Mike D'Angelo’s review published on Letterboxd:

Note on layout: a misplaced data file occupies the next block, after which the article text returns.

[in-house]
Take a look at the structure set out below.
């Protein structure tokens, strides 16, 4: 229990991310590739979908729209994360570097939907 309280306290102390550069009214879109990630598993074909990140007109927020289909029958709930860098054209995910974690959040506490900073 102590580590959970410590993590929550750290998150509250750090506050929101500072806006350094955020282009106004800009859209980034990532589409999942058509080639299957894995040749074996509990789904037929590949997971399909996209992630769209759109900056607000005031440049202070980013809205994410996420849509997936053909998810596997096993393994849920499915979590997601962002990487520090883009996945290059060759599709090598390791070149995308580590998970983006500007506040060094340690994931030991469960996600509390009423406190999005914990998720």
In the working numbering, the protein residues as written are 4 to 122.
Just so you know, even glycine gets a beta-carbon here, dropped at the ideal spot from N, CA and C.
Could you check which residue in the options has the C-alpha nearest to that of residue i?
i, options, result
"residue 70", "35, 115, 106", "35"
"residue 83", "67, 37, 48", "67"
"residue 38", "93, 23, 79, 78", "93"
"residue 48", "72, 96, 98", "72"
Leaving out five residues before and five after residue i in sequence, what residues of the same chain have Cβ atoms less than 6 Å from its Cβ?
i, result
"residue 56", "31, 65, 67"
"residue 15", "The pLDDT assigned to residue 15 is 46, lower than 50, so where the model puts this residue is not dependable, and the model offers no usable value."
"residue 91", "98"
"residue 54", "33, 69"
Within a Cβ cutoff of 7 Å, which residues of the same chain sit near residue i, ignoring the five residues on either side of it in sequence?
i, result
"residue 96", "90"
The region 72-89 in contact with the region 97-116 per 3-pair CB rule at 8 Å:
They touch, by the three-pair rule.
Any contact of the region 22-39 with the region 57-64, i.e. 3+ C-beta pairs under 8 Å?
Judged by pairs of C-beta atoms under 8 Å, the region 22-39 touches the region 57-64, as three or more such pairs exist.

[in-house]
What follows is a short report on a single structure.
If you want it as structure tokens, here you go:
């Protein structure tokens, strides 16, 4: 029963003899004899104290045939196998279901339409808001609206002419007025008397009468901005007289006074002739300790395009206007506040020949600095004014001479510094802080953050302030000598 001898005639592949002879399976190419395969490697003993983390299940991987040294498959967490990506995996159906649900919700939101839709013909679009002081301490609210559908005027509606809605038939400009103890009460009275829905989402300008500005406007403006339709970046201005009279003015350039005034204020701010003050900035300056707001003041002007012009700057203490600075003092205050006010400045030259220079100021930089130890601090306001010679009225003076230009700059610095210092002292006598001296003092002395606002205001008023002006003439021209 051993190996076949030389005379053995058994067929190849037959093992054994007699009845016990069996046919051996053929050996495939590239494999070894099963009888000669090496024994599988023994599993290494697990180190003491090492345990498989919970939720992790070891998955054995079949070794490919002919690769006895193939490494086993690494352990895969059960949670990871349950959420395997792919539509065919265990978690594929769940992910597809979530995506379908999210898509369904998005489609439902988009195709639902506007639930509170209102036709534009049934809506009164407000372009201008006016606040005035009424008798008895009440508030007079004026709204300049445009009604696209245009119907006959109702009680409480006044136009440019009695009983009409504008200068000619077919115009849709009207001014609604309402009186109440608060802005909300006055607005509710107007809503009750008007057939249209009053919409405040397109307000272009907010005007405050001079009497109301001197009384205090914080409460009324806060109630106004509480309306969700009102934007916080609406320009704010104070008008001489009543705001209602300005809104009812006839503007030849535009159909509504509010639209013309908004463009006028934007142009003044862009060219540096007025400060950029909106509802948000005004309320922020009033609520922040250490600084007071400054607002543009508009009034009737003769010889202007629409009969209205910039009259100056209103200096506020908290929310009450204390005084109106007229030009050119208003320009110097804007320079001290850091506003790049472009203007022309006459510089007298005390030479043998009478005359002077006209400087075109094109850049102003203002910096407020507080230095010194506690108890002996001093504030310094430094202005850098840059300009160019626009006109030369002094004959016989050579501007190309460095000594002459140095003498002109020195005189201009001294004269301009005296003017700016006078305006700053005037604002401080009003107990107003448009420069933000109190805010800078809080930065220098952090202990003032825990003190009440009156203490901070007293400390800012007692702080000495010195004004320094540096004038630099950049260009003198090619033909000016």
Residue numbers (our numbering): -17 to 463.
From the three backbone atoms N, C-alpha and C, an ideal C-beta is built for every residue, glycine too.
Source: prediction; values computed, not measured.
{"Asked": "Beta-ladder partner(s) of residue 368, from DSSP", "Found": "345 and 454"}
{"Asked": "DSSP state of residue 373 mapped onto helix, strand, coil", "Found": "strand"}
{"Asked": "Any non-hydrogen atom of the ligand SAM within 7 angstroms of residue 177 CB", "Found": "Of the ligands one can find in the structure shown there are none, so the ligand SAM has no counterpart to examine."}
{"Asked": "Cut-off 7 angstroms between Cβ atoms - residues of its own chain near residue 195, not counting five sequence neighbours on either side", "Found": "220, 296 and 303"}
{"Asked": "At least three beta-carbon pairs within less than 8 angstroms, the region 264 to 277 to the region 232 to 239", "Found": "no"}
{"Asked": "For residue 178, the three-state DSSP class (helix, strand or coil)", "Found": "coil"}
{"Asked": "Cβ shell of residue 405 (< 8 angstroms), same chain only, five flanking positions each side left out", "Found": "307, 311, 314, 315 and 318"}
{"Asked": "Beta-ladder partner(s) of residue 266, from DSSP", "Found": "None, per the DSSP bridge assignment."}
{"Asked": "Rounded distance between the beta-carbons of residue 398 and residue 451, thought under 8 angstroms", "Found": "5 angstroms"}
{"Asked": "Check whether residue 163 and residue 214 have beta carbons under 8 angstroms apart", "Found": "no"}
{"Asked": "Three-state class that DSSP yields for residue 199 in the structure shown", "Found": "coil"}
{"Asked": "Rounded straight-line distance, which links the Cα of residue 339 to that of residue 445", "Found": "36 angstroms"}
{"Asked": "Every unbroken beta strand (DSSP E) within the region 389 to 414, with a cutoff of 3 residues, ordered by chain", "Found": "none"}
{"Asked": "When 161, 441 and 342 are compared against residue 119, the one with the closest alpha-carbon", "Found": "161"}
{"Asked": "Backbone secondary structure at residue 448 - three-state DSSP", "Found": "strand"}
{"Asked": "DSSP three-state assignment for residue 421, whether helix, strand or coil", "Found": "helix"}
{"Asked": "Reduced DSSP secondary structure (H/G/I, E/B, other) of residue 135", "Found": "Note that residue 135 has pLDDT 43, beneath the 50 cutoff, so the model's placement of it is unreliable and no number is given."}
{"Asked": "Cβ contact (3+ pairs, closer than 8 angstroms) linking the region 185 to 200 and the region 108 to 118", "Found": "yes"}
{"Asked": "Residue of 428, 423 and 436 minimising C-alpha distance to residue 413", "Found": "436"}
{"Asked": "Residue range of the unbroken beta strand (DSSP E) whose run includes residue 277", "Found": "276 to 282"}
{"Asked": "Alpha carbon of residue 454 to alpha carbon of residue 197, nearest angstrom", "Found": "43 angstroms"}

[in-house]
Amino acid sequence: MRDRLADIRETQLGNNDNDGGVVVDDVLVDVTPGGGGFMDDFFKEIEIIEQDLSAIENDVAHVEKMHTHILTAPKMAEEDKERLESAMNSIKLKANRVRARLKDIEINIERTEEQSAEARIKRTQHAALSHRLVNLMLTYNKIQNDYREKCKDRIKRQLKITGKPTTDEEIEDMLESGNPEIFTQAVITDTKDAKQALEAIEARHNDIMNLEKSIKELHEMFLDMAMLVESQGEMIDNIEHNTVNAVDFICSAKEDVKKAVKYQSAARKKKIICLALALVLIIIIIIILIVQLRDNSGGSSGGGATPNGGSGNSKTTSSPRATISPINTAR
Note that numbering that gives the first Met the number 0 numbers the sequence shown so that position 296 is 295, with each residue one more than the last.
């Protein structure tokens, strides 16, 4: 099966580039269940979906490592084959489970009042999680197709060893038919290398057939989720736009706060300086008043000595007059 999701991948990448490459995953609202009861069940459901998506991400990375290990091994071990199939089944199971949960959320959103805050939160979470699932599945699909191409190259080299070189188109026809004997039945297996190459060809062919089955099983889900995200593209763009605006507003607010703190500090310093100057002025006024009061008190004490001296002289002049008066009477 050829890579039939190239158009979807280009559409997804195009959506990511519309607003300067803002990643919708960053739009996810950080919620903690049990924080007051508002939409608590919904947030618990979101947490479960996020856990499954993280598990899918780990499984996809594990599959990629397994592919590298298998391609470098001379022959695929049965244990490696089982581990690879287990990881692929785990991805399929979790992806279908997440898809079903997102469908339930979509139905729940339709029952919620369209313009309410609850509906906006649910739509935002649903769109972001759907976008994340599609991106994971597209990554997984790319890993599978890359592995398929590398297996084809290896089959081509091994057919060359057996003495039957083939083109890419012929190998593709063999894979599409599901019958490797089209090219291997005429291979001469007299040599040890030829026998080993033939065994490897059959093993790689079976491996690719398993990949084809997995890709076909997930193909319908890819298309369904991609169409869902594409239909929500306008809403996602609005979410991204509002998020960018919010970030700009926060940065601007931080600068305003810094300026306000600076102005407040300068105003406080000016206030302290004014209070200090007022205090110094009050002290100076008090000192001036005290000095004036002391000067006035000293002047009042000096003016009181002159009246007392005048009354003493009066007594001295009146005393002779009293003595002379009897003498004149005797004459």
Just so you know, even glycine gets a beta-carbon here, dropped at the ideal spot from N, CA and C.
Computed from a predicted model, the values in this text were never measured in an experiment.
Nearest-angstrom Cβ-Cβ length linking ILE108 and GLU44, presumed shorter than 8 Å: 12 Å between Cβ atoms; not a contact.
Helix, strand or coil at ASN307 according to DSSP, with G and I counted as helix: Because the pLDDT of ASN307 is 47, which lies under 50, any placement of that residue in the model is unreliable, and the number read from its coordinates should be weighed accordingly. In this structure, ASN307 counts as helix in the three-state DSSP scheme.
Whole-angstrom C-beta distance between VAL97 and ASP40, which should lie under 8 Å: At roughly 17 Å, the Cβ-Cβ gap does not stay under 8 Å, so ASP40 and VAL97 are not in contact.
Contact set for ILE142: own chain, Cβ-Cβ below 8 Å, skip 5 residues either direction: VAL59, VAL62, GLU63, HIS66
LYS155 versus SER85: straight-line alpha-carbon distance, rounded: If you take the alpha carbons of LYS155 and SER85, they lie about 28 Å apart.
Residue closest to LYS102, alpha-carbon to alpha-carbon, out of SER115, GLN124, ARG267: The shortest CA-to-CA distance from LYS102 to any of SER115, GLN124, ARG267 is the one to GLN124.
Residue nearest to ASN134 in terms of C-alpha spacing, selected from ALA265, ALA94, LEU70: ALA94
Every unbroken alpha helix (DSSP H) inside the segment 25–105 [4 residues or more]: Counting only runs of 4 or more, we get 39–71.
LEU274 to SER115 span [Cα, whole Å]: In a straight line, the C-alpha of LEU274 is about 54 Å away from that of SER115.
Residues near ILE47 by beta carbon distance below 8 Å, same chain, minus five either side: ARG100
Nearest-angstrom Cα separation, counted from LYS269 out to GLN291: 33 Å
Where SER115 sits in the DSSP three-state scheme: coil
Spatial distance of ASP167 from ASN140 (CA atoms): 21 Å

A.V. Club review. Saw this after Kate Plays Christine, which (in a truly remarkable coincidence) argues against its very existence...and I'd already voiced skepticism just upon seeing the title announced. So I was primed for pointless exploitation that panders to the viewer's worst instincts. But Christine actually embraces irresolvability, thanks to a live-wire performance by Rebecca Hall that deliberately keeps Chubbuck at a bracing, abrasive distance. Even when the screenplay makes a token effort to explain her, it does so via alienation devices like her children's puppet show; Campos, by contrast, tones down his formal aggression, trapping Chubbuck's eccentricity within sterile flatness. The standard imaginative constraints imposed by "based on actual events" mean that the film's virtues mostly just involve avoiding obvious missteps, i.e. it's good because, surprise, it's not bad. But then, after the horrific "money shot" (in both possible senses of the phrase), comes a coda that's so unexpectedly perfect—combining generosity, poignance, and rueful irony in discomfiting proportions—that it retroactively provides the whole with a greater sense of purpose. It's also as serendipitous a "fuck you Robert Greene" as Greene's ending is a "fuck you Antonio Campos."